The serried ranks of graves at Arlington National Cemetery never fail to simultaneously impress and sadden. So many lives forfeited. So many families bereaved. So many communities disrupted. For what were so many and so much sacrificed?
Alas, only rarely for freedom, as preening politicians piously proclaim. That rhetoric is cheap is never more evident than during Memorial Day remembrances. Many of America’s wars were unnecessary. Some were terrible mistakes. A few even verged on the criminal.
To be sure, this is not the fault of the (usually) young lives lost. Many people rushed to the colors when called by the president. Others dutifully showed when directed by Selective Service. The overwhelming majority served bravely and well.
It is only natural when those who fought try to infuse their often unpleasant, dreary, and difficult service with something transcendent. Even more so those horrific moments seen as almost holy – Chosin Reservoir in the Korean War, Bastogne in World War II, Belleau Wood in World War I, and many other deadly landscapes in memory forever drenched in blood. These otherwise incomprehensible experiences require greatness of purpose to be assimilated, let alone understood.
This desire is reinforced by the family and friends of the fallen. To lose someone close, and do so for, well, nothing, intensifies the pain almost beyond measure. The belief that high ideals were served – after all, freedom isn’t free!, we are routinely reminded by those who enthusiastically send others off to war – at least might mitigate the searing pain caused by the absence of someone important from our lives.
And then there are the poseurs, the grifters, the mountebanks, the climbers, and, worst of all, the politicians. They demonstrate that, indeed, patriotism is the last refuge of the scoundrel, as remarked by British litterateur Samuel Johnson. Those hoping to profit, financially or politically, authored some of the finest rhapsodies to dead heroes in defending America the beautiful, the sublime, the unique, the exceptional. Military officers and government officials most responsible for sending men, and now women too, off to die for purposes not valuable, rational, or even intelligible, most desperately acclaim Arlington and its roughly 400,000 residents to be an American Valhalla, where the dead attain a form of immortality.
It is time for the American people to take back Memorial Day.
Those who served should be praised. Not, however, necessarily the causes on behalf of which they were sent. Indeed, Memorial Day should educate the living as much as honor the dead.
Americans should understand the true, and often huge, cost of war. The personal loss suffered by every individual and family is multiplied again and again by others who have suffered similarly. Moreover, the sacrifice is repeated in every new fight, which almost always lasts longer and causes more carnage than expected. Those who start America’s wars typically have no idea what they are setting in motion.
The horror suffered should remind us that not fighting is almost always the best choice. It is too easy to see history as predetermined and accept the claims of self-proclaimed "deciders" like George W. Bush, author of the Iraq debacle. Nothing is fixed.
Consider the Civil War, America’s worst conflict, with some 750,000 killed – the equivalent of eight million people today. Although the South seceded over slavery, the North went to war over union and originally intended to preserve "the peculiar institution" as well. How could anyone justify such carnage to force people to remain in a political organization which they wished to leave? As the death toll climbed inexorably, even some unionists realized that coercive nationalism exacted far too great a price. They admitted that they should have allowed their "erring sisters" to go in peace.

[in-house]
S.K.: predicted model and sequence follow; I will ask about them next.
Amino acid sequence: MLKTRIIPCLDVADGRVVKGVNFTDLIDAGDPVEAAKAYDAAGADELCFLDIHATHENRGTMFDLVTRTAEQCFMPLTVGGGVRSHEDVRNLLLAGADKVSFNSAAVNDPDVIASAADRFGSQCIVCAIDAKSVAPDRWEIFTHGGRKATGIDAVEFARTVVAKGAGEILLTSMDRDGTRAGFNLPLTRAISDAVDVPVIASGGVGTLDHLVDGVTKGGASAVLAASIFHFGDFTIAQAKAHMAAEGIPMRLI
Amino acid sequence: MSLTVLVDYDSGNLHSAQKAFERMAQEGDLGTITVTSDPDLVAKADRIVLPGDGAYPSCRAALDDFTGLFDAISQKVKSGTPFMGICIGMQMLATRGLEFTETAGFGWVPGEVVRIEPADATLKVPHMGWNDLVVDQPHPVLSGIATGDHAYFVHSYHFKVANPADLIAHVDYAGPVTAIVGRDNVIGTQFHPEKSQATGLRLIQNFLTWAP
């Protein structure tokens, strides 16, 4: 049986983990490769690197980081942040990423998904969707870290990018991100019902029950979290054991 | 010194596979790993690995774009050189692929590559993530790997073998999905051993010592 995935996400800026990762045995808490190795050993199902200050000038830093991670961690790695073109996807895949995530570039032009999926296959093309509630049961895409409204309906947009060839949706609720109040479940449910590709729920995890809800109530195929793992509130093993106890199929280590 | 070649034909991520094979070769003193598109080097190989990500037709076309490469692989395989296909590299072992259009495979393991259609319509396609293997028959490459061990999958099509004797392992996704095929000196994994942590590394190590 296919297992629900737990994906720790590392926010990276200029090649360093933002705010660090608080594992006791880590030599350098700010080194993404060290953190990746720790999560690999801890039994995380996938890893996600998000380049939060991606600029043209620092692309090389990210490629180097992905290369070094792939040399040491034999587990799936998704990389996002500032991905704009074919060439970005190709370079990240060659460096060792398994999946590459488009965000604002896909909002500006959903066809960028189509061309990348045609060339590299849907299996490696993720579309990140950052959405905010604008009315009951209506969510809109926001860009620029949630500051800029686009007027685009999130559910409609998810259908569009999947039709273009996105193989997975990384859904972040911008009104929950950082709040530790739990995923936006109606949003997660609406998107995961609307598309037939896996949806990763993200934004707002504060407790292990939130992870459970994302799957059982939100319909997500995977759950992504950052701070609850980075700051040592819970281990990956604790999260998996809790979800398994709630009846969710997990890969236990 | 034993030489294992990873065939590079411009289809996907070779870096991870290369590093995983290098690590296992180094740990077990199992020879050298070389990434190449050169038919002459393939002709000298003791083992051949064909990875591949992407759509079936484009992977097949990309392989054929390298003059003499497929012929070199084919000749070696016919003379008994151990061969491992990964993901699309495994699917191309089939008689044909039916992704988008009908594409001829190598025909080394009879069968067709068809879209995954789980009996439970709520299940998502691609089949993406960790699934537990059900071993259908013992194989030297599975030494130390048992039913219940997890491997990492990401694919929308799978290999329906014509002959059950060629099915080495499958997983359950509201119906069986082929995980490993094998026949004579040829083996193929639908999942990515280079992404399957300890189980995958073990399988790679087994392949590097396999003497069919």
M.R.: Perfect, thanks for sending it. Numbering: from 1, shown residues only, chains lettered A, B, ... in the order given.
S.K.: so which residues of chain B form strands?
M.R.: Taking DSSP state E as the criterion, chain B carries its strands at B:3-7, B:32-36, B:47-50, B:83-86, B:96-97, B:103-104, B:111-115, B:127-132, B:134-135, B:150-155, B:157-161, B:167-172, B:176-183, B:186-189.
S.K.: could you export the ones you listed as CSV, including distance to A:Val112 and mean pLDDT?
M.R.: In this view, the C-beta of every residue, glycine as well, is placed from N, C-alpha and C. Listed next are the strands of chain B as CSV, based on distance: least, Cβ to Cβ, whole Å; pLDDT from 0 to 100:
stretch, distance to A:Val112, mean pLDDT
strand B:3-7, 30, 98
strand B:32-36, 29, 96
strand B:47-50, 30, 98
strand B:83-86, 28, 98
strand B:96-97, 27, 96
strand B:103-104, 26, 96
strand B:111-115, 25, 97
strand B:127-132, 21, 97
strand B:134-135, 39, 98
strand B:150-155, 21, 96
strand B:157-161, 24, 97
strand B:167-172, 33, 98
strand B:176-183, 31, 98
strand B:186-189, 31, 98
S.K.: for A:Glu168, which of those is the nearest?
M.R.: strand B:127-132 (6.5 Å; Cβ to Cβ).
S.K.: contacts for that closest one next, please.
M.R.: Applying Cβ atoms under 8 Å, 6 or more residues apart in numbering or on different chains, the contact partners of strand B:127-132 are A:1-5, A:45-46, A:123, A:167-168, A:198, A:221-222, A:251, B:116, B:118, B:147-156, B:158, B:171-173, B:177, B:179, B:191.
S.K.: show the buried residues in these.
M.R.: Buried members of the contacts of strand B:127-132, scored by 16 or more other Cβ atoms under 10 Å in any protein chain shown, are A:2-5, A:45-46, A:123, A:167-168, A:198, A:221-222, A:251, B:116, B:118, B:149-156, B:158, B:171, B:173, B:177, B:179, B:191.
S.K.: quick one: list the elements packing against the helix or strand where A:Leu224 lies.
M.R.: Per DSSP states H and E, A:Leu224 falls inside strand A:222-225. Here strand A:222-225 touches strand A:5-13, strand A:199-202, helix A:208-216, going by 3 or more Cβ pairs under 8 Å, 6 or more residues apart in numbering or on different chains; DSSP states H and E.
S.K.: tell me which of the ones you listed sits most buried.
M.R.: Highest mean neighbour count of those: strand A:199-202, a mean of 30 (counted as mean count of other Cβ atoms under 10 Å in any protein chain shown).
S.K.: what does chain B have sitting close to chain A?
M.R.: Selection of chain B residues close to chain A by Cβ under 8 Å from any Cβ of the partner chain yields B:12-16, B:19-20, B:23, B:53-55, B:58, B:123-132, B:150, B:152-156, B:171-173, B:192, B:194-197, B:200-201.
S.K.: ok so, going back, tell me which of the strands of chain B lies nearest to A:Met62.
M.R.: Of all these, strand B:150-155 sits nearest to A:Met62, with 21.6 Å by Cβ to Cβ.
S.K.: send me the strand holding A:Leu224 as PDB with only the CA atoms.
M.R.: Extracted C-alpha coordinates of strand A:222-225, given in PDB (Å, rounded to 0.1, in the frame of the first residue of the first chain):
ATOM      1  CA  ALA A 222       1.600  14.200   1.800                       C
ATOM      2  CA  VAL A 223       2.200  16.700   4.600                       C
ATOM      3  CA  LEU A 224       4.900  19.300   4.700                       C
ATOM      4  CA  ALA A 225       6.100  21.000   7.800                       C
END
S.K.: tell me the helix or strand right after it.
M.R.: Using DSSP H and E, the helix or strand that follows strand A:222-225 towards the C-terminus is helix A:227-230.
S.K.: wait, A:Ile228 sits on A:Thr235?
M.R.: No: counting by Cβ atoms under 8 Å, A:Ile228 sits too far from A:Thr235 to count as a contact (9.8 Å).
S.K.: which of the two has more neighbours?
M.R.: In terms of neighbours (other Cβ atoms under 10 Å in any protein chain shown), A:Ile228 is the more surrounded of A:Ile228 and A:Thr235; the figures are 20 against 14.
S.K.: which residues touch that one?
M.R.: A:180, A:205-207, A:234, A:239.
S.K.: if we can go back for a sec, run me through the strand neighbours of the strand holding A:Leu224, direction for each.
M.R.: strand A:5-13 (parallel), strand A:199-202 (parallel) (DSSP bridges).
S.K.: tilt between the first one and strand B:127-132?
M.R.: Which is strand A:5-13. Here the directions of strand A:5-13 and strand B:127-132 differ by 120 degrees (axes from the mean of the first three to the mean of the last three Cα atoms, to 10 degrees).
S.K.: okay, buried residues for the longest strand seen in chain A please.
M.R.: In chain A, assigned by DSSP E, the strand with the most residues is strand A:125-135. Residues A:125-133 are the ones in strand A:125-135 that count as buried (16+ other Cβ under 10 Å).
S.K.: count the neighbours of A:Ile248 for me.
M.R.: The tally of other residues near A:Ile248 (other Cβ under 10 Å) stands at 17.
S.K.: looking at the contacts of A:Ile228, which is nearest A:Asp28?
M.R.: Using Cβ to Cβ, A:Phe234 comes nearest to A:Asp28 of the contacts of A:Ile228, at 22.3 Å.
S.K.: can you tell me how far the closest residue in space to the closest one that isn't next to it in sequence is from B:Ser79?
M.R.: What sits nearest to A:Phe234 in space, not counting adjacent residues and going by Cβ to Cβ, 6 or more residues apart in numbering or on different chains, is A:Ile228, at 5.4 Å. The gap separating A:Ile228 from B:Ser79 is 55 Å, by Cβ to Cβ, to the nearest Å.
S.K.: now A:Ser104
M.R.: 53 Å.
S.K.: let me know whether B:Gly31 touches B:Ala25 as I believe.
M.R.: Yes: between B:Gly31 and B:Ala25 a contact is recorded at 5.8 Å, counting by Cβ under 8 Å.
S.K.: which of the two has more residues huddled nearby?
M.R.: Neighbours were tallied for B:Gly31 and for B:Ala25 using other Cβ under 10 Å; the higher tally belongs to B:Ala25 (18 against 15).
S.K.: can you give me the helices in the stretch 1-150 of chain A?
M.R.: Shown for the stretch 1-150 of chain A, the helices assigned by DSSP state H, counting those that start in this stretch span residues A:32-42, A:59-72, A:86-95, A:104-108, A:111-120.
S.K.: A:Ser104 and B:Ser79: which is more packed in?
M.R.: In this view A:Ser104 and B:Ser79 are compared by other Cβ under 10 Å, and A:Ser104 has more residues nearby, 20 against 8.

World War I was a moronic imperial slugfest which had nothing to do with America. The nominal casus belli for President Woodrow Wilson, who mixed arrogance, sanctimony, and vanity in equal proportions, was beyond stupid, to protect the right of Americans to book passage on British vessels – including armed reserve cruisers carrying munitions through a war zone. Obviously, the better way to save lives would have been for people to stay home until the conflict ended, but Wilson desired to reorder the world. U.S. intervention yielded an allied victory, which was wasted by the Versailles Treaty. In contrast, a compromise peace, likely without America’s intervention, would have avoided the territorial trading and plundering that set the stage for even more destructive and murderous World War II.
Having helped bring on that conflict, America was inexorably drawn into its terrible denouement. The possibility of a world in which Eurasia was dominated either by Adolf Hitler’s Germany or Joseph Stalin’s Soviet Union was grim indeed. However, Roosevelt’s debilitating economic sanctions on Japan, which spurred Tokyo to attack Pearl Harbor, spread America’s involvement to Asia. Ironically, bringing in Japan nearly thwarted his hope of entering the European war. Had Hitler not gratuitously declared war on America, Roosevelt would have found it well-nigh impossible to target Germany, the country he desired to fight.
The Korean War was an unnecessary misadventure, resulting from indecision over what to do with the Japanese colony of Korea at the end of World War II. Only after North Korea’s invasion did Washington rediscover its commitment to the peninsula, which never had been seen as vital, even by the Pentagon. At that point it was difficult for the US to abandon the South, since Washington had set up the circumstances which helped lead to war. America’s blundering attempt to "liberate" the North with a march to the Yalu river, added China and nearly three more years of horrific combat to the conflict.